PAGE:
HIV-1 clade B– or clade C–infected individuals of different disease status were recruited at the Cato Manor Clinic, Durban, South Africa, Queen Elizabeth II Hospital, Bridgetown, Barbados, Wycombe General Hospital, UK, the Harrison Clinic, Radcliffe Infirmary, Oxford, UK, and the Massachusetts General Hospital, Boston, MA. HLA class I typing was performed at Dynal Biotech, Oxford, UK. The study was approved by the institutional review boards at the University of Natal, at Queen Elizabeth II Hospital, by the Oxford Research Ethics Committee, and the Massachusetts General Hospital Institutional Review Board. All individuals gave informed consent for participating in this study.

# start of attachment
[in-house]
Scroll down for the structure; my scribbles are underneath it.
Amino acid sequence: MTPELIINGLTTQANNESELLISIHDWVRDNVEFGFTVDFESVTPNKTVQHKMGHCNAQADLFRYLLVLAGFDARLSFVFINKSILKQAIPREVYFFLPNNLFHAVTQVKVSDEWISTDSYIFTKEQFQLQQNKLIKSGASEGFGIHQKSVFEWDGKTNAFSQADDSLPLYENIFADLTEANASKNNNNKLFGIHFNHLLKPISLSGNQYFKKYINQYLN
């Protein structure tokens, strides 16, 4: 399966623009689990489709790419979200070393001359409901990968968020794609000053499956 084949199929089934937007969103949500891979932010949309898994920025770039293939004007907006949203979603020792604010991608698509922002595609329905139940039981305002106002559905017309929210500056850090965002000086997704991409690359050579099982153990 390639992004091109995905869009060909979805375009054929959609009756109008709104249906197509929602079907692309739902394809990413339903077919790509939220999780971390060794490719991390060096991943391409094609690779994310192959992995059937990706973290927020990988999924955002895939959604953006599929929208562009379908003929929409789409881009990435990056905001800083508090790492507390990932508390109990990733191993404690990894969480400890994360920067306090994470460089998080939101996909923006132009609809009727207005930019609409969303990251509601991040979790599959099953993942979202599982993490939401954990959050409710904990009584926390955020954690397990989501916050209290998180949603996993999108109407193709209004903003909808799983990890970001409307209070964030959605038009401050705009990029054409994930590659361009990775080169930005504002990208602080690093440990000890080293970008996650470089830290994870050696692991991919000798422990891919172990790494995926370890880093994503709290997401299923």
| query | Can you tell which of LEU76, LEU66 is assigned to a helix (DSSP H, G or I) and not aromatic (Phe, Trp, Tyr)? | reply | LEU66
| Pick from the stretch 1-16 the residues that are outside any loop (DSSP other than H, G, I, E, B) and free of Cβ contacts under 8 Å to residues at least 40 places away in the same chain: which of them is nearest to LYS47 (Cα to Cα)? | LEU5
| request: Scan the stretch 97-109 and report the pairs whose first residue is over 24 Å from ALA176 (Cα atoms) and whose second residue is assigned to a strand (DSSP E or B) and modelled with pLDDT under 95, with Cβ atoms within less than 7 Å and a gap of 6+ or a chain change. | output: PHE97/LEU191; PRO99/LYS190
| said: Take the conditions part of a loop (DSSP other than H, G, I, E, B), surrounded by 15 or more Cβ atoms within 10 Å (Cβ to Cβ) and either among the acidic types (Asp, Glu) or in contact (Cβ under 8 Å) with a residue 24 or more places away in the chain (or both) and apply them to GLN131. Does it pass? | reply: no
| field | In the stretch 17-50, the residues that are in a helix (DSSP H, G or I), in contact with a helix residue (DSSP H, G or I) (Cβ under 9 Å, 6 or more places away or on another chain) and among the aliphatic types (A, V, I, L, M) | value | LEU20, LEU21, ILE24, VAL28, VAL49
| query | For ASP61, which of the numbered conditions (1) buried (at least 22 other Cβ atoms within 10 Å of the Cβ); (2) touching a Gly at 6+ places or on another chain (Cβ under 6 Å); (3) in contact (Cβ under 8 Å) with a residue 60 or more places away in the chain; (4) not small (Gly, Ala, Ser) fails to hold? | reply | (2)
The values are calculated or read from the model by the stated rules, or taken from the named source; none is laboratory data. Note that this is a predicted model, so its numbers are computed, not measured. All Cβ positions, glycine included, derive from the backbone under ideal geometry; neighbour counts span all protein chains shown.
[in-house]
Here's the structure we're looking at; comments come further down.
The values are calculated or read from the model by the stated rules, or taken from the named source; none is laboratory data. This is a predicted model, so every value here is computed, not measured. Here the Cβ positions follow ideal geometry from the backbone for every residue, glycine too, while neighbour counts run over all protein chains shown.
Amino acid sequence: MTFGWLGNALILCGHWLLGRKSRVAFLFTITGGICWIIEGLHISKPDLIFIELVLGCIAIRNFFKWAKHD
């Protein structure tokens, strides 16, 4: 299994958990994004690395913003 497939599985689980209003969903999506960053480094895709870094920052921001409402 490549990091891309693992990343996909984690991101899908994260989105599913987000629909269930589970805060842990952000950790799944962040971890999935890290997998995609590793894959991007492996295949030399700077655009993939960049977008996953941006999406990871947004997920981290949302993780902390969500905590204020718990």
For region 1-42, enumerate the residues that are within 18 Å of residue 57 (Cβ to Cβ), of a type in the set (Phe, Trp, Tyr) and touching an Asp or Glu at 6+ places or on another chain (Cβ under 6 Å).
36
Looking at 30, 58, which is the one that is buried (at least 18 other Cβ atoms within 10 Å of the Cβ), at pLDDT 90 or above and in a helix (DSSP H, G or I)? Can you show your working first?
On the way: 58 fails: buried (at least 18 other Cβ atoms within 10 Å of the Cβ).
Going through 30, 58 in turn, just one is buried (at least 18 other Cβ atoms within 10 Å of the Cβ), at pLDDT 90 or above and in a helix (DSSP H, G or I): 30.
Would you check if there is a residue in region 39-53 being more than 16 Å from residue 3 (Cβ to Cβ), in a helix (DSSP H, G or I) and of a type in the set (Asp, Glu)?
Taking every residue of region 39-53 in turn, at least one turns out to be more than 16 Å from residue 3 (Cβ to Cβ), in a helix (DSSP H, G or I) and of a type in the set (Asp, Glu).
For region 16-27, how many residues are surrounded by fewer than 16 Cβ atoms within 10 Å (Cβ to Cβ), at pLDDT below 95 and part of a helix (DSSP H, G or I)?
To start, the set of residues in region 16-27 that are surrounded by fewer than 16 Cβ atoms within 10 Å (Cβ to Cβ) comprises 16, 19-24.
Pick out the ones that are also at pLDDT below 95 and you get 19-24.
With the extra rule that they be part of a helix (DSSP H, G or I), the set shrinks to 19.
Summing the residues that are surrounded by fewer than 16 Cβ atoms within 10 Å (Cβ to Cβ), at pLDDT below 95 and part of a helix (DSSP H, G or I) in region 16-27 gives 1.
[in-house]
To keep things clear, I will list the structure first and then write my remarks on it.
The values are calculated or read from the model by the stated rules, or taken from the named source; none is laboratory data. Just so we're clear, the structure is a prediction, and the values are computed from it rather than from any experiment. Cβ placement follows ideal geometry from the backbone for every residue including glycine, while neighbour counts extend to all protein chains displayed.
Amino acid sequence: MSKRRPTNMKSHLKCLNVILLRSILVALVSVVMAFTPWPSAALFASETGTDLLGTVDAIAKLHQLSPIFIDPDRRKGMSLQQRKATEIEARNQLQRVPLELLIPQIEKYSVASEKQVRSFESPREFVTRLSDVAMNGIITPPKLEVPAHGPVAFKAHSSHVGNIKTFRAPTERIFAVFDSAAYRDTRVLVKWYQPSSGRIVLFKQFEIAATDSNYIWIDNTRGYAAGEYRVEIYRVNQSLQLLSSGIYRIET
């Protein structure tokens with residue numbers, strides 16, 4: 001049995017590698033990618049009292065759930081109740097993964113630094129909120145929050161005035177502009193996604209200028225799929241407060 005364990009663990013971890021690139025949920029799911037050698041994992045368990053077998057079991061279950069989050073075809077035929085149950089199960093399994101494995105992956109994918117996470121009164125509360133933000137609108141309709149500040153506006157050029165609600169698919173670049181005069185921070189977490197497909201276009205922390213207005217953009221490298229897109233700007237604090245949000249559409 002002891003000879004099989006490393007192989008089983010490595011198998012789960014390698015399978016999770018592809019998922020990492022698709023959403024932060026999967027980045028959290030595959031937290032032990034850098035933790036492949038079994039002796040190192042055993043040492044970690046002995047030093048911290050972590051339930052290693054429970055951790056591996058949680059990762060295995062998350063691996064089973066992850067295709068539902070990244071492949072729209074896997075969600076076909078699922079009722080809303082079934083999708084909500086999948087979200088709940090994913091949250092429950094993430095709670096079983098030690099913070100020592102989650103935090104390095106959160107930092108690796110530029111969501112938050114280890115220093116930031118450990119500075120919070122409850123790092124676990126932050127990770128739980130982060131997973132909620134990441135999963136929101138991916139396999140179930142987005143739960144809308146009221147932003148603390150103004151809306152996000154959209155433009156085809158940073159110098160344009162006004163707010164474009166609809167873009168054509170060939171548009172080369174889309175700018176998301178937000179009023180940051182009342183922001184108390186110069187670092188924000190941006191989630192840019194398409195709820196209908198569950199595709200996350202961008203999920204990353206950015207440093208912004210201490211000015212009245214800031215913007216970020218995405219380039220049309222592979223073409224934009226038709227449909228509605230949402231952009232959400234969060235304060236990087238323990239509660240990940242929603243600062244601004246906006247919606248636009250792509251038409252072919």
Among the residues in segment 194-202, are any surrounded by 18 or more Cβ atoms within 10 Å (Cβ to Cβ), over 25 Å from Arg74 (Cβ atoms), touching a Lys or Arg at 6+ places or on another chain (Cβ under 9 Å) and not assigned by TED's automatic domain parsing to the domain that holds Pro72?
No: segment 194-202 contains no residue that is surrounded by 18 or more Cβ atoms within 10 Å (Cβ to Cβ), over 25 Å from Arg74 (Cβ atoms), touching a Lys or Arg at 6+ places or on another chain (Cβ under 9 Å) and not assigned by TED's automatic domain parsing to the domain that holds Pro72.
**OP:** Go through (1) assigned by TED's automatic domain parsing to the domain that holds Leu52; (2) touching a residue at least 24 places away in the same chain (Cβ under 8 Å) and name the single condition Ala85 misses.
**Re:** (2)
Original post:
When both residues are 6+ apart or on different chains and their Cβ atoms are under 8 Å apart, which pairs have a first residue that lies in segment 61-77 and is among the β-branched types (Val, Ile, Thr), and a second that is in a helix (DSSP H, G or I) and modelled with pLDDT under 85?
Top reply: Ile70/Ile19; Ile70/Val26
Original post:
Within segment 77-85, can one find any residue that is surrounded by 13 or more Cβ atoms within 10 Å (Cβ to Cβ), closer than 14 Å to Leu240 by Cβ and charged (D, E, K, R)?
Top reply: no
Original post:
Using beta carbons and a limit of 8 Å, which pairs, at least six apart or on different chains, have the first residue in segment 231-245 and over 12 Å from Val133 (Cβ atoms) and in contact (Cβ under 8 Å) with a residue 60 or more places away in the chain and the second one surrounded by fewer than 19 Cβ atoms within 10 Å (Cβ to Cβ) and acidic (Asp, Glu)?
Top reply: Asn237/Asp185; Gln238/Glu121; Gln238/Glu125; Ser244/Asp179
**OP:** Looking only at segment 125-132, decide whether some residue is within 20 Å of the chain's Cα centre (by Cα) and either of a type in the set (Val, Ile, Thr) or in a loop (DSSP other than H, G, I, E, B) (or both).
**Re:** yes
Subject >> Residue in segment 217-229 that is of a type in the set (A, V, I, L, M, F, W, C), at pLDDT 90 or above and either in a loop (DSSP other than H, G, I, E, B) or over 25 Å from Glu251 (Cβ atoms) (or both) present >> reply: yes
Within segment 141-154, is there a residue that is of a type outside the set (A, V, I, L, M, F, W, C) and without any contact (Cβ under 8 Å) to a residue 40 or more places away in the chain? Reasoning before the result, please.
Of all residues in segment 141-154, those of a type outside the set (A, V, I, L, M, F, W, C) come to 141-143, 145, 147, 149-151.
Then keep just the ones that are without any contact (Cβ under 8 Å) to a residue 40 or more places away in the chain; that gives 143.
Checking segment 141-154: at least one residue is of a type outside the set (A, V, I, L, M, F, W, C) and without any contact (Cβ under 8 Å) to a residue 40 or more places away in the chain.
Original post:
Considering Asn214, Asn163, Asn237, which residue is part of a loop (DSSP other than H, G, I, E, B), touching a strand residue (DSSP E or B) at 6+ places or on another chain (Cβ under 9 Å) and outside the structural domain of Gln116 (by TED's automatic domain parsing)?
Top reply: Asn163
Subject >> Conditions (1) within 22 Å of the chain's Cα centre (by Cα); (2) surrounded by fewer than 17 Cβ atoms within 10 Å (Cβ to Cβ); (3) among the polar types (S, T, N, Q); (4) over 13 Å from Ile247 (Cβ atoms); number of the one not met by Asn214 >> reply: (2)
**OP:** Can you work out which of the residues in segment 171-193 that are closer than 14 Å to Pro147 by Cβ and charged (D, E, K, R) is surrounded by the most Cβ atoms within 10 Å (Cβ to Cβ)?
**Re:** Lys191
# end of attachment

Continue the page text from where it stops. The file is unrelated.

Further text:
Sequencing.

Proviral DNA was extracted from fresh PBMCs using the Puregene™ DNA isolation kit. HIV-Gag sequences were amplified by nested PCR as previously described (37). Sequencing reactions were performed using the ABI Prism BigDye™ Ready Reaction and using the six primers previously described (37). The plates were analyzed on the ABI 3700 DNA Analyzer from Applied Biosystems.

ELISPOT.

HIV-1–specific CD8 T cell responses were quantified by ELISPOT assay using fresh or frozen PBMCs (0.5–1 × 105 per well) and single peptides (final concentration of 20 μg/ml) as previously described (38).

Cell Lines.